Q. In your book Between a Heart and a Rock Place you talk about living a fairy tale: Thirty-one years ago you met your writing partner-guitarist husband, Neil "Spyder" Giraldo, and you're still together. Has your love inspired your daughters?
A. I'd like to think it has—Spyder and I are mad for each other. But sometimes my girls worry about finding their true loves. Who wouldn't, given the current state of the world? I hope they still believe in the possibility, though. We try to teach them not to settle and that happiness is attainable.
Q. You and Spyder are still very affectionate. Does that embarrass the girls?
A. My parents were married for 61 years until my father passed away two years ago, and I always loved seeing them holding hands. It's the same for my kids. Well, actually, Hana says, "Oh, mom. Can't you kiss and do that stuff somewhere else? It's so gross." But she's 17, so everything we do embarrasses her!
Q. Do either of your daughters sing?
A. Haley was interested is music when she was younger. She had an all-girl band called GLO. Now she's designing her own line of jewelry. Hana performs with the choir and participates in musical theater at school, and she's started writing songs.
Q. What other lessons do you hope to pass down?
A. I want them to be loving but tenacious and to know they have to be fierce out there as females. When I was starting as a singer, sexism was rampant. I grew up in a household where women worked, so I couldn't understand how the male-dominated realm of rock music didn't want to let me in. It made me angry, but I used that anger to break through the barriers.
Q. How else has your career—and Spyder's—influenced who the girls have become?
A. Ha! We're their parents, so they try to make us think we have no influence whatsoever! In reality, we're hard to escape; they've been with us for every album and on every tour. Hopefully they've seen how gratifying it can be to pursue dreams, but also the amount of work and dedication that's required to bring them to fruition.
Q. Do their friends like your music?
A. Yes, much to their chagrin!
Q. You've said you're a total Type A person. How do you reconcile that with being a mom?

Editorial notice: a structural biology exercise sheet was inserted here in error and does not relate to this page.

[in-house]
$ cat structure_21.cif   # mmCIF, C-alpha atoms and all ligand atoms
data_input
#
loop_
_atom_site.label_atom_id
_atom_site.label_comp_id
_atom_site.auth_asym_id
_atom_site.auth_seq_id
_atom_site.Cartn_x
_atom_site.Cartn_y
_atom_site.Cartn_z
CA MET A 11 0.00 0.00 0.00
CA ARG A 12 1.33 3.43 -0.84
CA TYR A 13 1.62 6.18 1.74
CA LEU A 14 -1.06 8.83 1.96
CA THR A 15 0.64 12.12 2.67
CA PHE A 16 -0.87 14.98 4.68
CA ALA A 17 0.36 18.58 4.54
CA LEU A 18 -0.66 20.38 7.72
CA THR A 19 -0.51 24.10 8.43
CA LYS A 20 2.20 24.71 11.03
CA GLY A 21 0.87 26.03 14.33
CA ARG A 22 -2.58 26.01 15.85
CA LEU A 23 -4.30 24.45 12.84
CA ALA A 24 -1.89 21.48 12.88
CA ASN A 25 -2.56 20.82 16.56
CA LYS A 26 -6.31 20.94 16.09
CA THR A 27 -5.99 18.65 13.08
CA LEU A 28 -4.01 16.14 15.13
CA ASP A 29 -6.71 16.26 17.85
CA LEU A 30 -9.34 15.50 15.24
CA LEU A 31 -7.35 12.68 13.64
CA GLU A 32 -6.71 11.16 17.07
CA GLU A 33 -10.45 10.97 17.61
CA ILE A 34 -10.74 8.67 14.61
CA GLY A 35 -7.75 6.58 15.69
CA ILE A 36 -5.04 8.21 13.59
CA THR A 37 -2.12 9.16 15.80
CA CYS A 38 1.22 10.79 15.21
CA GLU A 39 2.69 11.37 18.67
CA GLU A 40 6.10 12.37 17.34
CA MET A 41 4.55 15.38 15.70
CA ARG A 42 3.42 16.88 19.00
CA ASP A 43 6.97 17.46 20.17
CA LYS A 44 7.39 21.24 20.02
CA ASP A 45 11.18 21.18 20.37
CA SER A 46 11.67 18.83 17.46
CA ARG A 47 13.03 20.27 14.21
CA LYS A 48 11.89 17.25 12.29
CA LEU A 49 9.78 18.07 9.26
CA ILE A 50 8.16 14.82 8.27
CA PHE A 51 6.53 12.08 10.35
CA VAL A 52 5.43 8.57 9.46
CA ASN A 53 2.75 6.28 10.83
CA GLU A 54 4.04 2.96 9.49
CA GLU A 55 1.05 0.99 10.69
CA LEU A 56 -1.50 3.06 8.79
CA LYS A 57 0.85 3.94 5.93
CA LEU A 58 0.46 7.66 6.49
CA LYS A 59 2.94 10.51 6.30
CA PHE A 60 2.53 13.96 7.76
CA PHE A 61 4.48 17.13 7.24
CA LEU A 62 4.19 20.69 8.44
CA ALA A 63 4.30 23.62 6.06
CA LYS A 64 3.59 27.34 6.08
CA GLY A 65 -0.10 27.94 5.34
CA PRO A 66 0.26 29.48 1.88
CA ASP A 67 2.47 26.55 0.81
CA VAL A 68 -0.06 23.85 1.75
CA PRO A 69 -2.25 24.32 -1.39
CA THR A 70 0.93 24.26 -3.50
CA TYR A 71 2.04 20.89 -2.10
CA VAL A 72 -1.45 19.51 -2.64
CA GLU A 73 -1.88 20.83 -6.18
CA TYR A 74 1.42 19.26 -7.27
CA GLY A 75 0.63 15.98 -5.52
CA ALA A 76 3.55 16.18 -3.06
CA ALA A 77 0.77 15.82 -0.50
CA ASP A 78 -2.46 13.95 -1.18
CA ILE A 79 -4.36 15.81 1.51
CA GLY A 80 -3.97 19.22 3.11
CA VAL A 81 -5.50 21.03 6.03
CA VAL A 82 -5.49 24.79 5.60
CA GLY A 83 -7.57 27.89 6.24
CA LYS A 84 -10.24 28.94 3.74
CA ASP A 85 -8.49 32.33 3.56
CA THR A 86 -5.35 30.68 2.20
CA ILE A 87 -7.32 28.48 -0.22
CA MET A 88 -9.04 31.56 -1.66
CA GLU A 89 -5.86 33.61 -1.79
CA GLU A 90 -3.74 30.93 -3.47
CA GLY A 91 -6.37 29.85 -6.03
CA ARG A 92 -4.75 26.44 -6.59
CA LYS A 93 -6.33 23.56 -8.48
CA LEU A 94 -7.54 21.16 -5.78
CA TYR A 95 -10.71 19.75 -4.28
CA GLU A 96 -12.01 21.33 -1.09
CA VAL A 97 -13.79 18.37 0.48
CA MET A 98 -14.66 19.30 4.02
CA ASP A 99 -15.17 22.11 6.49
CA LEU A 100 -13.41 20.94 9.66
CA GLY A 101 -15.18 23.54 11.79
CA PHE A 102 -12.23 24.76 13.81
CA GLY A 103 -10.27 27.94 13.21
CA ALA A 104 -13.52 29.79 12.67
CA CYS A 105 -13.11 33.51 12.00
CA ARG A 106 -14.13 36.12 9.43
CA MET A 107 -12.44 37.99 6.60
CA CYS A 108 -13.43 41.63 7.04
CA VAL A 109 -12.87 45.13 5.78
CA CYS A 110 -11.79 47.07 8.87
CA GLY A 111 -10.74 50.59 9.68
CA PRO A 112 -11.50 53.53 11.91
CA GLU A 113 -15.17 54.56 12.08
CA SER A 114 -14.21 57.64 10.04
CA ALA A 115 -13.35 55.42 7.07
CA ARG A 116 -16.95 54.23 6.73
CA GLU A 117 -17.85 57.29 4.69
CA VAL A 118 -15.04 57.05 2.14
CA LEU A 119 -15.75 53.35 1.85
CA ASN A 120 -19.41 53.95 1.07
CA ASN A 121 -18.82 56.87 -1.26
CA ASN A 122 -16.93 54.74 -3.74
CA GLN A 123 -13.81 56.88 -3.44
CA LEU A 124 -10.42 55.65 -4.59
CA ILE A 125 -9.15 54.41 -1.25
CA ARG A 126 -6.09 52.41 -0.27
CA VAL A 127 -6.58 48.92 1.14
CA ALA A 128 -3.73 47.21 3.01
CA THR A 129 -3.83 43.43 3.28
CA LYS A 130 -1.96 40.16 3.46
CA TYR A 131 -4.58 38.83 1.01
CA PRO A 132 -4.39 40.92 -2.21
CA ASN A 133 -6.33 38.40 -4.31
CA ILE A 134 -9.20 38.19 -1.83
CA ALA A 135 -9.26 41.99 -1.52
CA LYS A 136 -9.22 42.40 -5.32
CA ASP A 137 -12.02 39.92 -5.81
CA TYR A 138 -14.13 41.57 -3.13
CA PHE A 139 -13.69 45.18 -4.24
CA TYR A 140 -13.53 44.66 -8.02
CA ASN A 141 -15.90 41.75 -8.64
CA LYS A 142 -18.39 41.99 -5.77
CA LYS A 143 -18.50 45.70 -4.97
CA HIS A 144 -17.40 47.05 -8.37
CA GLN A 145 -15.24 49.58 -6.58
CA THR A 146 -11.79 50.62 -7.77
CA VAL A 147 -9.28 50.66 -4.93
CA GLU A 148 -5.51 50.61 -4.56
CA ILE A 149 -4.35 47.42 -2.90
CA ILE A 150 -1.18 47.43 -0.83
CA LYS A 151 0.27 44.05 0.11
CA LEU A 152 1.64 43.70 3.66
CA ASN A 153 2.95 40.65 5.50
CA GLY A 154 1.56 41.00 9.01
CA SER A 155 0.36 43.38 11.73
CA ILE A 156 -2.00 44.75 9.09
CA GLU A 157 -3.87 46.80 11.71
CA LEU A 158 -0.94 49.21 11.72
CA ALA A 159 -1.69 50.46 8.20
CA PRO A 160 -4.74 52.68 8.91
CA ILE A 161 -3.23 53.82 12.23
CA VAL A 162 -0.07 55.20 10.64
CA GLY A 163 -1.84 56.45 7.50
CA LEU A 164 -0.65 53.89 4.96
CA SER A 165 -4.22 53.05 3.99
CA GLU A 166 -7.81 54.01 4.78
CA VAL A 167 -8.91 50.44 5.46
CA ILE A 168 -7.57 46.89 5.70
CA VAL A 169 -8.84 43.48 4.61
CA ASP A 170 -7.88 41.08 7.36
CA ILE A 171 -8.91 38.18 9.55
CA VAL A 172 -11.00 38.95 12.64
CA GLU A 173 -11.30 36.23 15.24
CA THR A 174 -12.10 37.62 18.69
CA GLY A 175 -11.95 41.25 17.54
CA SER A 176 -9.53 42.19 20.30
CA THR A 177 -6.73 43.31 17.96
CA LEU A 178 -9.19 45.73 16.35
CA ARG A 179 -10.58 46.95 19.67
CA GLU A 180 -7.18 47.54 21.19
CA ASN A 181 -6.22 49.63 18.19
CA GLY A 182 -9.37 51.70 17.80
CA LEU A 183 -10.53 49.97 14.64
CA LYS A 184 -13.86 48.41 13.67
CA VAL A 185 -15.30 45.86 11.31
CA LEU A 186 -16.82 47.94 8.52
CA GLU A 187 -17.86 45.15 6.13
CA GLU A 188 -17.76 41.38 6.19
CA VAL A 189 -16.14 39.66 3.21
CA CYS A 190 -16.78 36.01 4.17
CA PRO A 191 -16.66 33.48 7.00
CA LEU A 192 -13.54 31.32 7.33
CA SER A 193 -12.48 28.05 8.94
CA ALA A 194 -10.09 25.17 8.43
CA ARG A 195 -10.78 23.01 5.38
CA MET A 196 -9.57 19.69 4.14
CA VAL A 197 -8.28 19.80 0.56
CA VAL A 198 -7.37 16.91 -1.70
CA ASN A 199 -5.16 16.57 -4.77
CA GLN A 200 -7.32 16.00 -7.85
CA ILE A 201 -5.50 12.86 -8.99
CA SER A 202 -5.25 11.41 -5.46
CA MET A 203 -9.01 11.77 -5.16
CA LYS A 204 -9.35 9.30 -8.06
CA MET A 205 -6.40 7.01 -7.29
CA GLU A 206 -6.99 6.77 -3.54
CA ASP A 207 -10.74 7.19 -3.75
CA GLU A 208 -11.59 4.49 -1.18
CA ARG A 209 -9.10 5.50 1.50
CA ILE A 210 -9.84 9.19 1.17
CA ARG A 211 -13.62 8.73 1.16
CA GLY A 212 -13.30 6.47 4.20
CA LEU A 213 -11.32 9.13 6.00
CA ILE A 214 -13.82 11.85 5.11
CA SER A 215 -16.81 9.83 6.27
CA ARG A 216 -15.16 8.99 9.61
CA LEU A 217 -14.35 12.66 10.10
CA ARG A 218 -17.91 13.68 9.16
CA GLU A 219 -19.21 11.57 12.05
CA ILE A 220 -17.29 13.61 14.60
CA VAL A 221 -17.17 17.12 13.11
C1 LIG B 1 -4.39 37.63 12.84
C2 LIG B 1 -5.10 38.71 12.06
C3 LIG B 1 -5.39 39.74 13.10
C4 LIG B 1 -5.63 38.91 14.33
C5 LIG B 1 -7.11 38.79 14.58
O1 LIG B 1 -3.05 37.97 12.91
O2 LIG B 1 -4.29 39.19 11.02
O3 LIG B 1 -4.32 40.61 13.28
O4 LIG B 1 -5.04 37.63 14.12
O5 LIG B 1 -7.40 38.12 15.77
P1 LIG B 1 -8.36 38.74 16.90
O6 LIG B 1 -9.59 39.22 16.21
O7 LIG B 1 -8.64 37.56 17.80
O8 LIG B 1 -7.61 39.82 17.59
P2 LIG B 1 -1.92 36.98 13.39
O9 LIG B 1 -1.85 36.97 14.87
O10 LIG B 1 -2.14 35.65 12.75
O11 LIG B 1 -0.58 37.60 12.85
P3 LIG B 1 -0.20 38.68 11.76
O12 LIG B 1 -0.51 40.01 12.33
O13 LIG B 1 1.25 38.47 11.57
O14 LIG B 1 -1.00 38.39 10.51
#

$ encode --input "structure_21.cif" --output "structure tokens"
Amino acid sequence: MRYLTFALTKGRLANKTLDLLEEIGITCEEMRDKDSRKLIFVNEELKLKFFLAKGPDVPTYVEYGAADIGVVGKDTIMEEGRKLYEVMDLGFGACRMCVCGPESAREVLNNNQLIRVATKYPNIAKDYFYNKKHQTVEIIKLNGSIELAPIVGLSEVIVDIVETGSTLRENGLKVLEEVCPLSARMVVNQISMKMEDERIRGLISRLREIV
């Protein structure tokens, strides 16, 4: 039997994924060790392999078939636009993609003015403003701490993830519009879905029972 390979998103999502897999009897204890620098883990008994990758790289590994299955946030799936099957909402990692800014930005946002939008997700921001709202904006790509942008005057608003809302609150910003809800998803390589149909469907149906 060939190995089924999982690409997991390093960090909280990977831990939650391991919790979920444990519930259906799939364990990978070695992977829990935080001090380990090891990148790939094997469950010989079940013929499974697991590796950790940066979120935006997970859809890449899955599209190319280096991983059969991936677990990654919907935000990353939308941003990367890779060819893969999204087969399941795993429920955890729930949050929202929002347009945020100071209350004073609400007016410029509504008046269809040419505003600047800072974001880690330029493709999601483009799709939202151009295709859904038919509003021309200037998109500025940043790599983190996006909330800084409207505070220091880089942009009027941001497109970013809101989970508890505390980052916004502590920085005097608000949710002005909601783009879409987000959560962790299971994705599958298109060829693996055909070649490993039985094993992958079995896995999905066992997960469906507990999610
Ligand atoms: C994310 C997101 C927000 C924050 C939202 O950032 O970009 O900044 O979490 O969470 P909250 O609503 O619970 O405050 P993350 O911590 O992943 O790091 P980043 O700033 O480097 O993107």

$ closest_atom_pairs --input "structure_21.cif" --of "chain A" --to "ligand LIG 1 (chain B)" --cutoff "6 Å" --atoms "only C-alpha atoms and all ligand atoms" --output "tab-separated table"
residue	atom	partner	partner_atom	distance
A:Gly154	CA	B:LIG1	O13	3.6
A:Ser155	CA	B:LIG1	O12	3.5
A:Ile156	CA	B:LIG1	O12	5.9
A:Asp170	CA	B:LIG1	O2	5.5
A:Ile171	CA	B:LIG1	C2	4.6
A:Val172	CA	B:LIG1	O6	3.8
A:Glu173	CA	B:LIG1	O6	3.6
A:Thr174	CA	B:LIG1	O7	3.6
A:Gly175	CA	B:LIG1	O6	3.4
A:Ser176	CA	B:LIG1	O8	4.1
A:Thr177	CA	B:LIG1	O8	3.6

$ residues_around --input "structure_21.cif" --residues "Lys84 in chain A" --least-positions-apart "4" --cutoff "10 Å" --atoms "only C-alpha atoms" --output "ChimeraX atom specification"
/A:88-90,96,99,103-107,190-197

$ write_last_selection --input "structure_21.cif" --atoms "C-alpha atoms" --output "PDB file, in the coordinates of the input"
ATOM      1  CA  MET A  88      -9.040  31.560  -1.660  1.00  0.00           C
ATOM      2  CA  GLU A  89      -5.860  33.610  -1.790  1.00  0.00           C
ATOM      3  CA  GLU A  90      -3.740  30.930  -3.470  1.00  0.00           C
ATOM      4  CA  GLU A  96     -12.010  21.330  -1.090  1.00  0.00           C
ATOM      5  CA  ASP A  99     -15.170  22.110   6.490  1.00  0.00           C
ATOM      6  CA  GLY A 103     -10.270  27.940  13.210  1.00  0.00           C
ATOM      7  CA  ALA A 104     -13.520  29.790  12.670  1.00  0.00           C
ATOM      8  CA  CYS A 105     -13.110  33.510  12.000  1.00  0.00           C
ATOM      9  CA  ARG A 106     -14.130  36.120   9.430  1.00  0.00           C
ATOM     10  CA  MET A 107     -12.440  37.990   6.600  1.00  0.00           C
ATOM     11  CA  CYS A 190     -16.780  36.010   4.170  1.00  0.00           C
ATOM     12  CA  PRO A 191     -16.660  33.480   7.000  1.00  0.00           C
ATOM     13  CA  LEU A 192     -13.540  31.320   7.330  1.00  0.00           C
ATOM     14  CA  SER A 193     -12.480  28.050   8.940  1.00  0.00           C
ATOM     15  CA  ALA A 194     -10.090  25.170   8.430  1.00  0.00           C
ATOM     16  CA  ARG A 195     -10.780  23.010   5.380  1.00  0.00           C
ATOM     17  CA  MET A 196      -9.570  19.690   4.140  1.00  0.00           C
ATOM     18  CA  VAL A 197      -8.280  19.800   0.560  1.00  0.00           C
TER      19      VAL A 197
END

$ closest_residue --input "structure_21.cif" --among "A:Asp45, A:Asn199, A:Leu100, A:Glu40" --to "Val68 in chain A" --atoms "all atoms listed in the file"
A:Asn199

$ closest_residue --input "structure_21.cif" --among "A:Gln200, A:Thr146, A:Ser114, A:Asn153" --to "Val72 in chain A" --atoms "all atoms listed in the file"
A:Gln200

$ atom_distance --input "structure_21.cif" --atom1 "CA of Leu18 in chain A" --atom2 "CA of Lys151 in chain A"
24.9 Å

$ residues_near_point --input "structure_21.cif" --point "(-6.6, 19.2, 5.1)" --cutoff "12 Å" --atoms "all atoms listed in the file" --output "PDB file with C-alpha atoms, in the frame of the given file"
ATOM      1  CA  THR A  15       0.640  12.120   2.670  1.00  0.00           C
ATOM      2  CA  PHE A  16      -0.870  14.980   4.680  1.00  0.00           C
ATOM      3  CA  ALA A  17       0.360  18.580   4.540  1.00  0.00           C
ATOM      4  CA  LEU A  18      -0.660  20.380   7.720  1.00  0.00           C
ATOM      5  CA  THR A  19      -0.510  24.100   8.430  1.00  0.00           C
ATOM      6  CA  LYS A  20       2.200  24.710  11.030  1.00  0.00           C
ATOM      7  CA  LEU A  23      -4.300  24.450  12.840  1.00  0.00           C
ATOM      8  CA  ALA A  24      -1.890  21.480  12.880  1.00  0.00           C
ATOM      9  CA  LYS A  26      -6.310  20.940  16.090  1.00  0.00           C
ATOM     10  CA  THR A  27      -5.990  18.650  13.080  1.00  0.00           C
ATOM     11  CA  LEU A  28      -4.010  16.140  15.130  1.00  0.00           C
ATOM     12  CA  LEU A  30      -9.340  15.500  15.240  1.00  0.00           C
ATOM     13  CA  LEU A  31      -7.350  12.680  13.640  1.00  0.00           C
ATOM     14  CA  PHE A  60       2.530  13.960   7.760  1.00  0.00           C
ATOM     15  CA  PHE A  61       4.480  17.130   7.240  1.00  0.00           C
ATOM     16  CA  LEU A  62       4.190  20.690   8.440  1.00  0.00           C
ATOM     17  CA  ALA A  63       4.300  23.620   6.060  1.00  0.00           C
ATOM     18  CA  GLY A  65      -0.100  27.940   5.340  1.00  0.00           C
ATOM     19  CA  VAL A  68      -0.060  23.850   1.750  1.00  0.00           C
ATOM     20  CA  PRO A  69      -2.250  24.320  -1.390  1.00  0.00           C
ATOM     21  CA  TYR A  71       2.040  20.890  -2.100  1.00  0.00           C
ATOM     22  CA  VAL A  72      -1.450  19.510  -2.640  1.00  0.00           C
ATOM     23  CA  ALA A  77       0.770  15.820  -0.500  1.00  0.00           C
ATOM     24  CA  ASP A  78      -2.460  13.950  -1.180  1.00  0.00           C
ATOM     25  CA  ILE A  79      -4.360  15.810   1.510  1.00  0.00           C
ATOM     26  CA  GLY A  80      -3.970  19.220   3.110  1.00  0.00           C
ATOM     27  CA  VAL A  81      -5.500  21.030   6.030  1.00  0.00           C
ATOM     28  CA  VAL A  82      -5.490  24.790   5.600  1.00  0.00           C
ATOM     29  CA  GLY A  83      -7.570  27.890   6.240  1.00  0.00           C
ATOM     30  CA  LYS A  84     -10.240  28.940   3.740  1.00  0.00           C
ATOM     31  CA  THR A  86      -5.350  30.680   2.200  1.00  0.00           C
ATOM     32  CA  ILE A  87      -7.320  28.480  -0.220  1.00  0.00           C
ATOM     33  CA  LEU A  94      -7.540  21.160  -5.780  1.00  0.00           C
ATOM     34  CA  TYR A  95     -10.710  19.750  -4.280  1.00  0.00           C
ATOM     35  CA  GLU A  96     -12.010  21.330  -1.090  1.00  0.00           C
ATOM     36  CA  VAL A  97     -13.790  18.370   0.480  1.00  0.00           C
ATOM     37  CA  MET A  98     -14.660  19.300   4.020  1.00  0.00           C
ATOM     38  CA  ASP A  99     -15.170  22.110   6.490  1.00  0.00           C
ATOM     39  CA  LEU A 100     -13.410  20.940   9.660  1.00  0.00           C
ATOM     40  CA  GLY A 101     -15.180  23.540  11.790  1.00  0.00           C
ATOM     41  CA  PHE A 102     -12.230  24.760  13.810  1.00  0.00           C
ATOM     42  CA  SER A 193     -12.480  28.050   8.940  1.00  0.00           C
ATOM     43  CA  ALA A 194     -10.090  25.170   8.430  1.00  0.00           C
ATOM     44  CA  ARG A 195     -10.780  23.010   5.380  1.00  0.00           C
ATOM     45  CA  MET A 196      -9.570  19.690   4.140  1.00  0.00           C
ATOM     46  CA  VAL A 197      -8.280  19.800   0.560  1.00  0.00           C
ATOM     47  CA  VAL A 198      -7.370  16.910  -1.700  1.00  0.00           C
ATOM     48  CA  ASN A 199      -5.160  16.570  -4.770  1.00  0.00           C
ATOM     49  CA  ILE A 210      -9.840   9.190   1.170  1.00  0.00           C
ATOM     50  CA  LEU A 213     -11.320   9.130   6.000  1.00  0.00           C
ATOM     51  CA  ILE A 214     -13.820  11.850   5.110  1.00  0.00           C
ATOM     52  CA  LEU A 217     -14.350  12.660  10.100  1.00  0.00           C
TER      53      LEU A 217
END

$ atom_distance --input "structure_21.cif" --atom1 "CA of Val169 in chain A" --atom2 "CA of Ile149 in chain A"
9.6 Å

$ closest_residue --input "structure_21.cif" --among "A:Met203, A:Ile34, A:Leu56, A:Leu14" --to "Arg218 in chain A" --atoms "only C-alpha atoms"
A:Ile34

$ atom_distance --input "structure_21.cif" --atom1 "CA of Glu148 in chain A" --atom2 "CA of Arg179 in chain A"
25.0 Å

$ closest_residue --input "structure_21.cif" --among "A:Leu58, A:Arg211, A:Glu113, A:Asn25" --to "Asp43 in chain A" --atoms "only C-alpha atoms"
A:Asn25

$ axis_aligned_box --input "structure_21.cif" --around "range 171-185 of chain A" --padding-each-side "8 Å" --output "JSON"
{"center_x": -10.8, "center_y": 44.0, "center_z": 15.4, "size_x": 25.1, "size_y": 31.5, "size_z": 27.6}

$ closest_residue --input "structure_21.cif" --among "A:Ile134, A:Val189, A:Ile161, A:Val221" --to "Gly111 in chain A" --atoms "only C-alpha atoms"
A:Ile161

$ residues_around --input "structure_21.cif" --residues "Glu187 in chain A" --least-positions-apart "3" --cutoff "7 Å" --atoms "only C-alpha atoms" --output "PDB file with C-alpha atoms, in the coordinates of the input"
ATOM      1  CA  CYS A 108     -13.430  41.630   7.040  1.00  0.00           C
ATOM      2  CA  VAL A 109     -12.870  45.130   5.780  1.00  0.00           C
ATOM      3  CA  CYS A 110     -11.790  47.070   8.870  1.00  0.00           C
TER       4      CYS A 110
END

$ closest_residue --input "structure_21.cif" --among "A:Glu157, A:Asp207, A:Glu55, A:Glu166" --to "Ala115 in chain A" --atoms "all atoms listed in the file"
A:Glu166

A. Perfectionism and motherhood don't belong in the same sentence. I'm always second-guessing myself: "Did I do the right thing? Did I make the smart choice?" I try to do my best, but it's one part of my life where I'm not Superwoman.
Q. In your book, you talk about your grandmother washing your mouth out with soap as a kid. Have you ever done that to your daughters?
A. No—that was one of the most horrible things ever, so I couldn't do it to my girls. But there have been many days when they were sassin' me that I wish I had stuck soap in! Maybe one bar of Dove could have prevented those knock-down, drag-out, hour-long arguments.
Q. Did your daughters like growing up on the road with you?
A. They loved it! It was like being at rock-and-roll summer camp—swimming in different pools across America every day and ordering room service every night. They've been traveling with me since they were infants; I've never toured without them. Once Haley was old enough to go to school, we only toured in the summer so the girls could have a stable routine and a normal schedule.
Q. Are they close friends, even with the age difference?
A. Oh, yes. It's really interesting when you have kids so far apart, which wasn't intentional, by the way. We had such difficulty getting pregnant the first time that we basically gave up after another nine years of trying, post-Haley. And then...voila! I never would have chosen the age gap between them, but now they're best friends who've managed to avoid all that sibling drama. It worked out great!
Sunday at my house: "We're half-Italian so there's a big meal. Hana likes to make pasta and Haley is a baker. Spyder is usually watching football until we call him to the table."
Rules of motherhood: "There aren't enough hours in the day. You don't have enough hands. You're never going to be right all the time, and you're going to screw up!"
Secret talent: "Stain removal. Last year I got mascara off of Hana's prom dress. Thirty seconds before, I'd told her not to apply makeup with the dress on—then she dropped the wand down the front. But I got it off!"
Hardest part of being a parent: "Hearing the words: 'You're the worst mother—ever!' Of course, they've only said it when I enforced curfew, said no, or told them they were grounded."
My proudest accomplishment: "It's a tie. Staying in love for 31 years and raising ethical kids."
Originally published in the March 2011 issue of Family Circle magazine.